https://papers.ssrn.com/sol3/papers.cfm?abstract_id=3665046 (HT: Aaron Renn)
Since 1977, U.S. states have passed laws steadily raising the age for which a child must ride in a car safety seat. These laws significantly raise the cost of having a third child, as many regular-sized cars cannot fit three child seats in the back… We estimate that these laws prevented only 57 car crash fatalities of children nationwide in 2017. Simultaneously, they led to a permanent reduction of approximately 8,000 births in the same year, and 145,000 fewer births since 1980, with 90% of this decline being since 2000.
The median age for seat belts in U.S. states is now eight, and every single law change has been to increase the age, not reduce it. Enthusiasm for these laws has not been curbed by studies showing that child car seats are generally no more effective than seat belts in preventing death or serious injury for children above age two (e.g. Levitt 2008, Doyle and Levitt 2010). Part of this may be due to the perception that such mandates are virtually costless, beyond that of the car seats themselves (though for many families, even these may be burdensome).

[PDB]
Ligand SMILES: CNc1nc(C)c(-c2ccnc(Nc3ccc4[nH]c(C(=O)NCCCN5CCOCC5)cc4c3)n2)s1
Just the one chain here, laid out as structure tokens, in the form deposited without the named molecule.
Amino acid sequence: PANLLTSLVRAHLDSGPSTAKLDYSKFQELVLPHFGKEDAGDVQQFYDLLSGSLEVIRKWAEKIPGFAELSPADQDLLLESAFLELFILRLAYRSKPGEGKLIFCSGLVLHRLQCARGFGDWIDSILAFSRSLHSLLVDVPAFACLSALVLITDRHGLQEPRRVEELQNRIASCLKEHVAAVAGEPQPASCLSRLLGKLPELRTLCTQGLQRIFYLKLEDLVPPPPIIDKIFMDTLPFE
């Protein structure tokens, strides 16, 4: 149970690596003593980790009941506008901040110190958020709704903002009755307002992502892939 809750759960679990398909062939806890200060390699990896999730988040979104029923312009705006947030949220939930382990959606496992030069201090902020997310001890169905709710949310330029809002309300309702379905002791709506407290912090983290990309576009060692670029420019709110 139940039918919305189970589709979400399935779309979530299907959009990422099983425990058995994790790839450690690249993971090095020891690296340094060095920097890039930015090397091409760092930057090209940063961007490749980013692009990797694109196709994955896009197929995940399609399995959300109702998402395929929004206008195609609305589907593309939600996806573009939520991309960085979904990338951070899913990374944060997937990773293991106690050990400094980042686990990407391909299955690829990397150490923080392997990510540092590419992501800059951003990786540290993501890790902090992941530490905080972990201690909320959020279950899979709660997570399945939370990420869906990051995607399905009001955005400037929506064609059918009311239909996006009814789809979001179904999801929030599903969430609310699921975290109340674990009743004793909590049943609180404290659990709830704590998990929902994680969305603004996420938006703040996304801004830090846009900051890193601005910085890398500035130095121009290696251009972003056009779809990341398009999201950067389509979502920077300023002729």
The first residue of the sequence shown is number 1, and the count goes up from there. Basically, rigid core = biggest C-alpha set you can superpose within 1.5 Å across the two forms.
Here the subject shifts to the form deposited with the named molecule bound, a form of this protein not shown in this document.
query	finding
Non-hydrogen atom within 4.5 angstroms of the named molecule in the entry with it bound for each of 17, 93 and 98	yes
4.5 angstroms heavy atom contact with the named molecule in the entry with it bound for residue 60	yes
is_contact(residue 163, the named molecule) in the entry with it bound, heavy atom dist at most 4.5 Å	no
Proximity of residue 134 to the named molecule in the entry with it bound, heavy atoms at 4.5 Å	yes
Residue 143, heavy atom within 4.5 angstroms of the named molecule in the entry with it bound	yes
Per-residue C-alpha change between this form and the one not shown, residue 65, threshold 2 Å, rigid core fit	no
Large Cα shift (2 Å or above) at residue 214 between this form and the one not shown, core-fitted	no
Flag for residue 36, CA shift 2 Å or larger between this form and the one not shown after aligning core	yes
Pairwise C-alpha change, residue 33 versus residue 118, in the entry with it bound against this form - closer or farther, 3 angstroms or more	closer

Regarding the potential lives saved by car seats:
In the vast majority of specifications, we are unable to reject a null hypothesis of zero lives saved.
They controlled for tons of variables. Somebody asked me whether I think this is true. Having looked at the paper, and judging from personal experience, yes. Absolutely.
Edited to add: You can also add into the mix the EPA rules making it impossible to get the affordable 9 seat minibuses that are common throughout most of the rest of the world.